Full reference: Jia, Q., Koyama, K., Choi, C.-Y., Kim, H.-J., Cao, L., Liu, G. & Fox, A. 2016. Population estimates and geographical distributions of swans and geese in East Asia based on counts during the non-breeding season. Bird Conservation International 26: 397-417. https://www.dx.doi.org/10.1017/S0959270915000386

Keywords: Population size, survey, South Korea, Japan, China,

Abstract:

For the first time, we estimated the population sizes of two swan species and four goose species from observations during the non-breeding period in East Asia. Based on combined counts from South Korea, Japan and China, we estimated the total abundance of these species as follows: 42,000–47,000 Whooper Swans Cygnus cygnus; 99,000–141,000 Tundra Swans C. columbianus bewickii; 56,000–98,000 Swan Geese Anser cygnoides; 157,000–194,000 Bean Geese A. fabalis; 231,000–283,000 Greater White-fronted Geese A. albifrons; and 14,000–19,000 Lesser White-fronted Geese A. erythropus. While the count data from Korea and Japan provide a good reflection of numbers present, there remain gaps in the coverage in China, which particularly affect the precision of the estimates for Bean, Greater and Lesser White-fronted Geese as well as Tundra Swans. Lack of subspecies distinction of Bean Geese in China until recently also limits our ability to determine the true status of A. f. middendorffii there, but all indications suggest this population numbers around 18,000 individuals and is in need of urgent attention. The small, highly concentrated and declining numbers of Lesser White-fronted Geese give concern for this species, as do the major declines in Greater White-fronted Geese in China (in contrast to numbers in Japan and Korea, considered to be a separate flyway). In the absence of any demographic data, it is impossible to interpret the causes of these changes in abundance. Improved monitoring, including demographic and tracking studies are required to provide the necessary information to retain populations in favourable conservation status.

Literature type: Report

Language: English

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Full reference: Morozov, V.V., Aarvak, T. & Øien, I.J. 2015. Satellite tracking of Lesser White-fronted Geese from the East-European tundra in Russia in 2014. , Norsk Ornitologisk Forening - Report 1-2015. 14 pp.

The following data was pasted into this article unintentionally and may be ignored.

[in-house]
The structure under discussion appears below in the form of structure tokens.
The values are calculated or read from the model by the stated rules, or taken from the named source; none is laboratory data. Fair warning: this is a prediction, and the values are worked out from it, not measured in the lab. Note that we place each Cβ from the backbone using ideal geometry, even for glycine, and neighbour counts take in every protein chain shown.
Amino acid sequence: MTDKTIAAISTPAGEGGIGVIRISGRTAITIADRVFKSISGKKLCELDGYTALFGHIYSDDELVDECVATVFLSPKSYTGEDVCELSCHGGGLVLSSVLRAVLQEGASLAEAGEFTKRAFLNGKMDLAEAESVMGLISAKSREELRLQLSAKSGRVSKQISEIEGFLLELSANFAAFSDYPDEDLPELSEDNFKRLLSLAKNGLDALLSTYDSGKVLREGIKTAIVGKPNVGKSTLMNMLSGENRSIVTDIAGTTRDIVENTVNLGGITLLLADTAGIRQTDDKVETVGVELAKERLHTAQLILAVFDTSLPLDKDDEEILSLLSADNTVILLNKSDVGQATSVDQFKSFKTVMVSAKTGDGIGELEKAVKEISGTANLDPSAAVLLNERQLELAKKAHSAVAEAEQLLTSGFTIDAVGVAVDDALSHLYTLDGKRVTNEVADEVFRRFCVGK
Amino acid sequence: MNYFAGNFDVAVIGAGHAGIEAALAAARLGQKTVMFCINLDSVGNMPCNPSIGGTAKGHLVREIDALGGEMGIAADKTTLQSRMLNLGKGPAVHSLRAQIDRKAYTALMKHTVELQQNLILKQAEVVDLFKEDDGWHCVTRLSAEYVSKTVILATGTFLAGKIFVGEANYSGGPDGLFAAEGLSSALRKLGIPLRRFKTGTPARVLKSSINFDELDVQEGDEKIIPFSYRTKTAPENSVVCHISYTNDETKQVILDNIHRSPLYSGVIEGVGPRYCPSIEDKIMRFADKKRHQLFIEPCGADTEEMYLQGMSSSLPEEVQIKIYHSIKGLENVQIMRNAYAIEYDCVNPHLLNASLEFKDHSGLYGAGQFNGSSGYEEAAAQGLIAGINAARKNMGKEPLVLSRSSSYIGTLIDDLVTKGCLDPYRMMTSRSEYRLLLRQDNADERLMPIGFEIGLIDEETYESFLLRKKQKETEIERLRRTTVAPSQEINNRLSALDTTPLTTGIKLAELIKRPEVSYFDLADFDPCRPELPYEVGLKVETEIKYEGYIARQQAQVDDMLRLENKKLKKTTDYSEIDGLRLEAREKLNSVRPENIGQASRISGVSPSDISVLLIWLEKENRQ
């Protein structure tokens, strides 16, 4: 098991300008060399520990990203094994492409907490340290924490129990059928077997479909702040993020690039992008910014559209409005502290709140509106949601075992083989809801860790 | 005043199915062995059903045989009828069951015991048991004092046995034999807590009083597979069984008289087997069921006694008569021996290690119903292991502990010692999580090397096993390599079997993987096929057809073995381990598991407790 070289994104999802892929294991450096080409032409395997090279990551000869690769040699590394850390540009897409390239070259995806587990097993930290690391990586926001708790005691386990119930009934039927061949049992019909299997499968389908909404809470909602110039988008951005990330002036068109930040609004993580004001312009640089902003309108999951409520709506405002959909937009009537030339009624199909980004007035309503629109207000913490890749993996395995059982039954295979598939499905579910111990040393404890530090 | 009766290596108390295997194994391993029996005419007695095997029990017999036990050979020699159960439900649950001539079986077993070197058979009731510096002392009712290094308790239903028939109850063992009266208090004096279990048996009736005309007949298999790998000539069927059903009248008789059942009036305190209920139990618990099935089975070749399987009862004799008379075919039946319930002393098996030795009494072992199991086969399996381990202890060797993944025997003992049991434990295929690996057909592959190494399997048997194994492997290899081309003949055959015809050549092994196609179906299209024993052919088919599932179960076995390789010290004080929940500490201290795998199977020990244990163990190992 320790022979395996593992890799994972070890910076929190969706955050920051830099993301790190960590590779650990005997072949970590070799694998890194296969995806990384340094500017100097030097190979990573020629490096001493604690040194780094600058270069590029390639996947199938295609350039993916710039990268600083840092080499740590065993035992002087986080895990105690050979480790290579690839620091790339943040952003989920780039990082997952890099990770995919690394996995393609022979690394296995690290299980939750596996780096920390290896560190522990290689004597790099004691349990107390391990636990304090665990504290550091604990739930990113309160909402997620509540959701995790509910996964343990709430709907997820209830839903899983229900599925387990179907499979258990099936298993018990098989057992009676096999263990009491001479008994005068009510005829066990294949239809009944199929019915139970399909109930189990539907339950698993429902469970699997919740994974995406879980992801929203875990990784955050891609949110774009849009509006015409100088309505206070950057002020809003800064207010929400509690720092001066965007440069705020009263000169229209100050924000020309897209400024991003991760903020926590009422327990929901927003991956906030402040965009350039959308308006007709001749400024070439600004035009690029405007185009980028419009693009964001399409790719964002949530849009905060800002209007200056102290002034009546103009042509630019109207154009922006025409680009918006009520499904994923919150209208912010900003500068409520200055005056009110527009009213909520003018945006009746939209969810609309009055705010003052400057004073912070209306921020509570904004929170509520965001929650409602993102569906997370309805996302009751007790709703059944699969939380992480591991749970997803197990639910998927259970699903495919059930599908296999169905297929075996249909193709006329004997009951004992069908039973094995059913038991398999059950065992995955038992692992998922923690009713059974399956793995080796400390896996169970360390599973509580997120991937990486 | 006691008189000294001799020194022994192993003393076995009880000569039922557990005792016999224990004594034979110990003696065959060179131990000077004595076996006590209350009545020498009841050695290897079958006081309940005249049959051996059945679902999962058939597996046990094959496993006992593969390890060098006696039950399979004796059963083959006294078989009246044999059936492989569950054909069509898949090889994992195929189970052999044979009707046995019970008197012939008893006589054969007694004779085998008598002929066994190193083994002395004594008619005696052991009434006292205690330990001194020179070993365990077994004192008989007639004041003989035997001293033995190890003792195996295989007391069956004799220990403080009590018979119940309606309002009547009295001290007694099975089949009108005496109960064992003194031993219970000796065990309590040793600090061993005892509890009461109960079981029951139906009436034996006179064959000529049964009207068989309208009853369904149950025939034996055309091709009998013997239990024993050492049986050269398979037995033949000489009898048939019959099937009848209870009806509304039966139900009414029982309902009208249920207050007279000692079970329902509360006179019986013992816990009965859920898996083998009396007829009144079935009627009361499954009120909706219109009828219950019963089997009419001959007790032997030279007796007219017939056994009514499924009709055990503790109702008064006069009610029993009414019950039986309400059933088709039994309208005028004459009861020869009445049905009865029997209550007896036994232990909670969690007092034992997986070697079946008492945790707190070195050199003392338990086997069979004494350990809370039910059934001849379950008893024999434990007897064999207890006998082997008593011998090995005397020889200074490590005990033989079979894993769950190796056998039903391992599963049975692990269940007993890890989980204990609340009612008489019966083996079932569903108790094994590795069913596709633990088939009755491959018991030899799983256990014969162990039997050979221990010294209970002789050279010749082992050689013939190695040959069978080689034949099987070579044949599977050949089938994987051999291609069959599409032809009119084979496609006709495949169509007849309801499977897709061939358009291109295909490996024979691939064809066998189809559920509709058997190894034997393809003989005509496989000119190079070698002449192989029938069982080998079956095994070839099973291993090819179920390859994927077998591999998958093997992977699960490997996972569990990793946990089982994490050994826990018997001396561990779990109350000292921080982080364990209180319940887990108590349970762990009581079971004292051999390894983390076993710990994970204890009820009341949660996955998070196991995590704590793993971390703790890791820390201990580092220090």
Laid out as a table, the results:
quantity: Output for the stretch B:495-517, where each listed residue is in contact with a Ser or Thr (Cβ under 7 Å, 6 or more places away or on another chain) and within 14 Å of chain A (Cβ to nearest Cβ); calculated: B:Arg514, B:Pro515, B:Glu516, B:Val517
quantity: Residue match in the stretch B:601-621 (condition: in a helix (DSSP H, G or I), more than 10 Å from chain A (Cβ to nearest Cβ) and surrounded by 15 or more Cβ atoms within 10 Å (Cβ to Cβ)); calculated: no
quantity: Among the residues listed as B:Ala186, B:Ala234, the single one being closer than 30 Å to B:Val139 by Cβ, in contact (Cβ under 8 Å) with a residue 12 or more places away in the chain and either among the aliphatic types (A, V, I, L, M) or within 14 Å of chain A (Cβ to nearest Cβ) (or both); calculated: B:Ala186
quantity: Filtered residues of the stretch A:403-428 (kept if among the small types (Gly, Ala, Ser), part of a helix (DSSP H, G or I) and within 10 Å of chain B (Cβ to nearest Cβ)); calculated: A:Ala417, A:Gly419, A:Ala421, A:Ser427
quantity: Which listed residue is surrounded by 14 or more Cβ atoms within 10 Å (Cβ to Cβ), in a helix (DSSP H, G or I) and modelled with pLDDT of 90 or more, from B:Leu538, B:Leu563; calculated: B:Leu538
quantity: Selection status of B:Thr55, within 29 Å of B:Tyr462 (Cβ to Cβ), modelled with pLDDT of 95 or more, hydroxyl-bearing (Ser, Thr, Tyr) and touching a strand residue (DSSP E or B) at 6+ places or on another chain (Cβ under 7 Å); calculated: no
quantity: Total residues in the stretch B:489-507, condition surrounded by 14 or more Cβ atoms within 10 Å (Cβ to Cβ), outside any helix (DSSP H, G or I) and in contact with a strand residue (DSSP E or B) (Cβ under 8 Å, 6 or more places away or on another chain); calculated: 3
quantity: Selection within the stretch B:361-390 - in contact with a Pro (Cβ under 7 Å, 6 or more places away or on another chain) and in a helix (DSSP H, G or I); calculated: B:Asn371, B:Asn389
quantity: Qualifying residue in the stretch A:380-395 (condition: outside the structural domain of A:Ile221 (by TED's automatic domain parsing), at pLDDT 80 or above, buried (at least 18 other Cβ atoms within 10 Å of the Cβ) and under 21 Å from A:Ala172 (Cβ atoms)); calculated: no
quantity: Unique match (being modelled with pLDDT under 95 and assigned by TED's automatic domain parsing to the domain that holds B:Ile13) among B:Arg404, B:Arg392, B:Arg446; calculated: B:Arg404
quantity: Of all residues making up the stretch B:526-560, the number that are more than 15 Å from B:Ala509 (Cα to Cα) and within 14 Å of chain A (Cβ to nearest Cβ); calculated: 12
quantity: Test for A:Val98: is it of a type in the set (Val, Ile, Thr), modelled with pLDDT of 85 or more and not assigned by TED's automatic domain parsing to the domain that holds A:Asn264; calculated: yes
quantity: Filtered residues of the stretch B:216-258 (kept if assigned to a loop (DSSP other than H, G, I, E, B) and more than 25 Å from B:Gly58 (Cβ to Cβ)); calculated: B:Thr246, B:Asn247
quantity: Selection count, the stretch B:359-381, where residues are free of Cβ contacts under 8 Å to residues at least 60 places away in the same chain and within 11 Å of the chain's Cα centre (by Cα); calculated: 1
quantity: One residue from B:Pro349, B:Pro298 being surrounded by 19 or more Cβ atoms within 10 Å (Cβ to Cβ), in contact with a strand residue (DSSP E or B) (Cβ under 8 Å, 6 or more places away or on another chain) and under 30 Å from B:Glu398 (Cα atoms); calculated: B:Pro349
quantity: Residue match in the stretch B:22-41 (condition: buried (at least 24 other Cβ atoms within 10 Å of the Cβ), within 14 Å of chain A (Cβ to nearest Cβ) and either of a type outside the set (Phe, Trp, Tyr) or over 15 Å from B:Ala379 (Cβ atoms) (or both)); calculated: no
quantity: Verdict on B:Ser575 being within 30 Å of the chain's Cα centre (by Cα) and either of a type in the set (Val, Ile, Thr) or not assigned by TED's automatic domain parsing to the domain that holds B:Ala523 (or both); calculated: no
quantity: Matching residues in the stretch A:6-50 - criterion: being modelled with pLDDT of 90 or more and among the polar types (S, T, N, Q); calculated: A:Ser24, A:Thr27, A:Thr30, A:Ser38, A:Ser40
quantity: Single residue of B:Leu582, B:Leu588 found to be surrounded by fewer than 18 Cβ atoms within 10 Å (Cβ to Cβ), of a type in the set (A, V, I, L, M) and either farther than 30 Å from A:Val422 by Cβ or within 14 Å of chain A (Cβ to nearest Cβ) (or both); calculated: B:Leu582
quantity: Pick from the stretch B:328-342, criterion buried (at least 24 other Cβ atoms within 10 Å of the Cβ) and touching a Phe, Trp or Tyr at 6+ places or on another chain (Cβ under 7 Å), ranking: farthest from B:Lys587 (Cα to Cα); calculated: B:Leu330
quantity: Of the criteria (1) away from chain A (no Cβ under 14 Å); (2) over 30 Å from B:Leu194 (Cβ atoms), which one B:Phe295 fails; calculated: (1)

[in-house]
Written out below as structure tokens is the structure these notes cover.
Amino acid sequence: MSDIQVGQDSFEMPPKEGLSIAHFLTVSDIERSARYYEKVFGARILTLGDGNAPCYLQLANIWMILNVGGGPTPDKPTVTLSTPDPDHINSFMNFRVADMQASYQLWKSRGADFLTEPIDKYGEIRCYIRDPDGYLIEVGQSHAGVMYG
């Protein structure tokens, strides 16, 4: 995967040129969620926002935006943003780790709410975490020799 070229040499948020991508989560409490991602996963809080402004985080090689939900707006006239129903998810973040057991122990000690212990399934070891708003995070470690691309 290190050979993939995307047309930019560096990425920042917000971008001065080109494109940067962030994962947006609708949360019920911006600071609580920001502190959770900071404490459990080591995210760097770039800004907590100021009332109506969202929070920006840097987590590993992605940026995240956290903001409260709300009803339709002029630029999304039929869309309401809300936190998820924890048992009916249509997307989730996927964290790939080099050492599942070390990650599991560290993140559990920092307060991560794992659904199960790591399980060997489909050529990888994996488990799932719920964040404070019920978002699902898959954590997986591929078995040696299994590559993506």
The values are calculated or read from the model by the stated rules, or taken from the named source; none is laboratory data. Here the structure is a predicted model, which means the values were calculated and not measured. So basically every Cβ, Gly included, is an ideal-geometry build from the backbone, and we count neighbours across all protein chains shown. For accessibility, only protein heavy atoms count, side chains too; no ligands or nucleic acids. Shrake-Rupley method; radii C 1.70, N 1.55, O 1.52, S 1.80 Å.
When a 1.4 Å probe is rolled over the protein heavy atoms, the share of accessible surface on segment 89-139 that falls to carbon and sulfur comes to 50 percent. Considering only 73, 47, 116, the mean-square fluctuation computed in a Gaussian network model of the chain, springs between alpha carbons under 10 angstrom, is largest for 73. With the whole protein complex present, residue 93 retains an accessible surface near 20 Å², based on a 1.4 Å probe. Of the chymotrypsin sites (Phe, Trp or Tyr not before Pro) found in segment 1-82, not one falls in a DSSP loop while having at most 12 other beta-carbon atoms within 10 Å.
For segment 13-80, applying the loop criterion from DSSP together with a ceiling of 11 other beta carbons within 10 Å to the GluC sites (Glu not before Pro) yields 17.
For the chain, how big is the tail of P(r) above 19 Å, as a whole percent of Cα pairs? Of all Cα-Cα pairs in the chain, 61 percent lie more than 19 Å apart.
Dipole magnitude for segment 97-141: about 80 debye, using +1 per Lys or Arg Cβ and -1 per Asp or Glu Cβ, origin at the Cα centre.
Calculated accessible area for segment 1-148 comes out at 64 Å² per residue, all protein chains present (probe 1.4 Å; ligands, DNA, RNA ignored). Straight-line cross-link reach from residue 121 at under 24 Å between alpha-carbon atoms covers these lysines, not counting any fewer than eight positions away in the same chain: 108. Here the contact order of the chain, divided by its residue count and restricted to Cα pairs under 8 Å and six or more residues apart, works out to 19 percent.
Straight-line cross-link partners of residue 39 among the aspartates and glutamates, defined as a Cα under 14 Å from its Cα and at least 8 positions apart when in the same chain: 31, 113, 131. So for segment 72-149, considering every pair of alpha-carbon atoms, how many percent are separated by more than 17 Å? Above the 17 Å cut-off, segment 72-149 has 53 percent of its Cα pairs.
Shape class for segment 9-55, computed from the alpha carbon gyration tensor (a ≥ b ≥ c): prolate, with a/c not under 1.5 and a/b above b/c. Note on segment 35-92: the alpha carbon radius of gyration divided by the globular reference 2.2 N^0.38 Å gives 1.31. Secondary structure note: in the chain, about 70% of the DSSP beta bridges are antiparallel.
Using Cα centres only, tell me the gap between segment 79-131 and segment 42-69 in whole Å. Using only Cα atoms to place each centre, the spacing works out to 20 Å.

Keywords: satellite transmitter tracking, Russia, Azerbaijan, Kazakhstan, breeding survey

Literature type: Book Chpt

Language: English

Full reference: Saurola, P., Valkama, J. & Velmala, W. 2013. Lesser White-fronted Goose. Pp. 106-108 in:The Finnish bird ringing atlas. Vol.1. , Finnish museum of Natural History and Ministry of Environment, Helsinki - LWfG

Keywords: ringing, recoveries, recovery, occurrence, Finlnad, breeding

Literature type: General

Journal: Goose Bulletin

Volume: 17 , Pages: 23-25.

Language: English

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Full reference: Mineev, O.Y. & Mineev, Y.N. 2013. New breeding area for the Lesser White-fronted GooseAnser erythropus in the Bolshezemelskaya tundra. Goose Bulletin: 17, 23-25.

Keywords: Bolshezemelskaya tundra, Nenets, broods, breeding, peregrine falcon, Russia

Literature type: General

Language: English

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Full reference: Degtyaryev, V.G., Egorov, N.N., Ochlopkov, I.I., Oleinikov, O.B. & Tomshin, M.D. 2013. Lesser White-fronted Goose in the Lena and Olenek Rivers catchment, Siberia. Pp. 60-61 in Young, G, M Williams, B Hughes & C Hall (eds). 2013. TWSG News, Bulletin of the IUCN-SSC/Wetlands International Threatened Waterfowl Specialist Group, No. 16. Wildfowl & Wetlands Trust, Slimbridge, UK.

Keywords: breeding, distribution, numbers, Siberia, status, Russia

Literature type: Scientific

Journal: Wildfowl

Volume: 61 , Pages: 110-120.

Language: English

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Full reference: Solovieva, D. & Vartanyan, S. 2011. Lesser White-fronted Goose Anser erythropus: good news about the breeding population in west Chukotka, Russia. Wildfowl 61: 110-120.

Keywords: occurence, status

Literature type: Report

Language: English

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Full reference: Lee, R., Cranswick, P.A. Hilton, G.M. & Jarrett, N.S. 2010. Feasibility study for a re-introduction/supplementation programme for the Lesser White-fronted Goose Anser erythropus in Norway. , WWT Report to the Directorate for Nature Management, Norway. 130pp.

Keywords: reintroduction, translocation, population, mortality, feasibility, re-introduction, supplementation, Norway, Fennoscandia, life-history, captive breeding, zoo,

Literature type: Rep.article

Language: English

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Full reference: Sulkava, P., Karvonen, R. & Tolvanen, P. 2009. Monitoring of the late spring staging sites and breeding areas of Lesser White-fronted Goose in Finnish and Norwegian Lapland in 2004–2008. , In: Tolvanen, P., Øien, I.J. & Ruokolainen, K. (eds.). Conservation of Lesser White-fronted Goose on the European migration route. Final report of the EU LIFE-Nature project 2005–2009. WWF Finland Report 27 & NOF Rapportserie Report No 1-2009: pp. 36-39.

Keywords: monitoring, EU-Life, annual report, Fennoscandian, Norway, Finland

Number of results: 42